This app will file your taxes for you
NEW YORK– With the 2017 tax filing deadline fast approaching, the Taxfyle app wants to simplify the process — and take some of the stress away.
The startup, which was founded in 2015, matches customers with a licensed tax professional who files a return in an average of 45 minutes. To start, users answer a short series of questions, such as whether they own a home or have dependents.
From there, customers receive a guaranteed quote and can upload documents directly to the app. The tax professional can ask followup questions through the app’s encrypted chat function and notify customers when the tax return has been filed and accepted.
“There hasn’t been much disruption in the accounting and tax space for quite a while,” Co-founder and CEO Richard Lavina told CNNTech. “We wanted to build something different.”
Prices start at $39, and go up based on the complexity of a customer’s taxes. For example, someone who earned income in several states and owns multiple businesses would be more complicated than a standard W-2 employee who rents an apartment. Taxfyle claims its services run about 40% cheaper than H&R Block.
Lavina got the idea while in an Uber on the way to work as a CPA at PricewaterhouseCoopers. It was tax season, and he calculated his annual salary came out to a mere $10 an hour with all the extra time he was working.
Taxfyle’s key demographic is 24- to 34-year-olds, and its customers include independent contractors, small business owners and freelancers. Lavina said Taxfyle has “tens of thousands of users,” but declined to provide a specific number.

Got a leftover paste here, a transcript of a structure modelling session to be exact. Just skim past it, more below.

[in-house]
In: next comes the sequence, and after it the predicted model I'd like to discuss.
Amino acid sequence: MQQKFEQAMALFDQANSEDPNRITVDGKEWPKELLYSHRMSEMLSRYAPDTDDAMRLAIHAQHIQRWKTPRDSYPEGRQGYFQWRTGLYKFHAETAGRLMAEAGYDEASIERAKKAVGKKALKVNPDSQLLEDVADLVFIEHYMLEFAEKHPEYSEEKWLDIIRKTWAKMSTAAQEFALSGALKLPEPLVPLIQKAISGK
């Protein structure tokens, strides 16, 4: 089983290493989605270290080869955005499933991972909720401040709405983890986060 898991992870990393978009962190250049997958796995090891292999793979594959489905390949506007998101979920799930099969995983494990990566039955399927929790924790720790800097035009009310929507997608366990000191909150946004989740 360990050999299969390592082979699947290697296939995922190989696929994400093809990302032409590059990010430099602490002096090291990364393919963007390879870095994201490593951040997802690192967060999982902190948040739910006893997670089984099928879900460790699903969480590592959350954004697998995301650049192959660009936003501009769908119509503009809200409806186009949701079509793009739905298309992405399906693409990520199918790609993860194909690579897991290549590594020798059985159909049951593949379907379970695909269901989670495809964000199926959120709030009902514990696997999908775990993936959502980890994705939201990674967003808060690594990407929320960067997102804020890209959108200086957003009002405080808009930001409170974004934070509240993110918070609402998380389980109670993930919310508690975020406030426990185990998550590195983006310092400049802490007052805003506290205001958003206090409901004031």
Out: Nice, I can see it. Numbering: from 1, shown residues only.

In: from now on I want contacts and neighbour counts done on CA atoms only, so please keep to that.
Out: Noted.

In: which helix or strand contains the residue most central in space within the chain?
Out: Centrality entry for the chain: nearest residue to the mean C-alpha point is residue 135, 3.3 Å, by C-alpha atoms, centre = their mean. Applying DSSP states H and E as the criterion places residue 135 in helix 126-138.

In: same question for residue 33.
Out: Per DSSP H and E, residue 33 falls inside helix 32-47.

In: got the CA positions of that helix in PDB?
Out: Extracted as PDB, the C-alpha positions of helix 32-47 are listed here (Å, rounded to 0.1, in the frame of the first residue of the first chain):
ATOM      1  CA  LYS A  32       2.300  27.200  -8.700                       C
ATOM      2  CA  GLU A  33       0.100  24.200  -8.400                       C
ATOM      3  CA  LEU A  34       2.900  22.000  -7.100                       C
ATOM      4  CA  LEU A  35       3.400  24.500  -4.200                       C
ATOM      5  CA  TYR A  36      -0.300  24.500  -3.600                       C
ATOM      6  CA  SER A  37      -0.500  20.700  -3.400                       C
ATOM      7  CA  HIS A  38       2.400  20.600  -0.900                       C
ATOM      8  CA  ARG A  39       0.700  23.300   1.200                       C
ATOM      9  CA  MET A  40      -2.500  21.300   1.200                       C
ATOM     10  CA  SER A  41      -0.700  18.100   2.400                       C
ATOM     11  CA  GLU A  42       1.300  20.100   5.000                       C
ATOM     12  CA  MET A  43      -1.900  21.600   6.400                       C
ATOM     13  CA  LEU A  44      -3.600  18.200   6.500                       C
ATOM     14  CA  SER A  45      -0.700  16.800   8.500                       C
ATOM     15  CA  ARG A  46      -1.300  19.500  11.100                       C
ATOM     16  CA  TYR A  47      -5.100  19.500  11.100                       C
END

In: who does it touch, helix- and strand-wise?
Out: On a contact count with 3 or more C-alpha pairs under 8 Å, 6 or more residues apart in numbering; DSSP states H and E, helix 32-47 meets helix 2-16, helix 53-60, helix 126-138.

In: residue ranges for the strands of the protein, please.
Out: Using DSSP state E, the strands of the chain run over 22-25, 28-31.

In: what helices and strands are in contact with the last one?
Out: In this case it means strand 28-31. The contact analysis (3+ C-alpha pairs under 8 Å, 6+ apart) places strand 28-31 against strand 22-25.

“These are people who try to do it themselves, waste a lot of time, then find out that they owe the government a lot of money,” Lavina said. “They’re looking for a different solution.”
The startup plans to expand from income taxes to quarterly business returns and add more tax professionals to the service. This week, the company announced an integration with Slack, which allows customers to chat with a “Slackbot” that creates their Taxfyle tax profile.
But some people prefer the personal touch and consistency of working with a CPA they know, traditional tax professionals say. “They want somebody to know about them. They want more than just a tax return,” said Christina Monfalcone, president of accounting firm Monfalcone & Garris, which also provides bookkeeping, payroll and management advisory services.
Donald Giannattasio, partner at CPA and consulting firm Seligson & Giannattasio, echoed that sentiment. He doesn’t believe Taxfyle will impact a firm like his, which offers a variety of services, such as estate planning and forensic accounting.
He does see the appeal of Taxfyle for consumers who don’t want to file returns themselves and are looking for a lower price. “Tax law is so complicated and has so many gray areas,” Giannattasio said. “It’s important that you use someone that’s knowledgeable.”
By Kaya Yurieff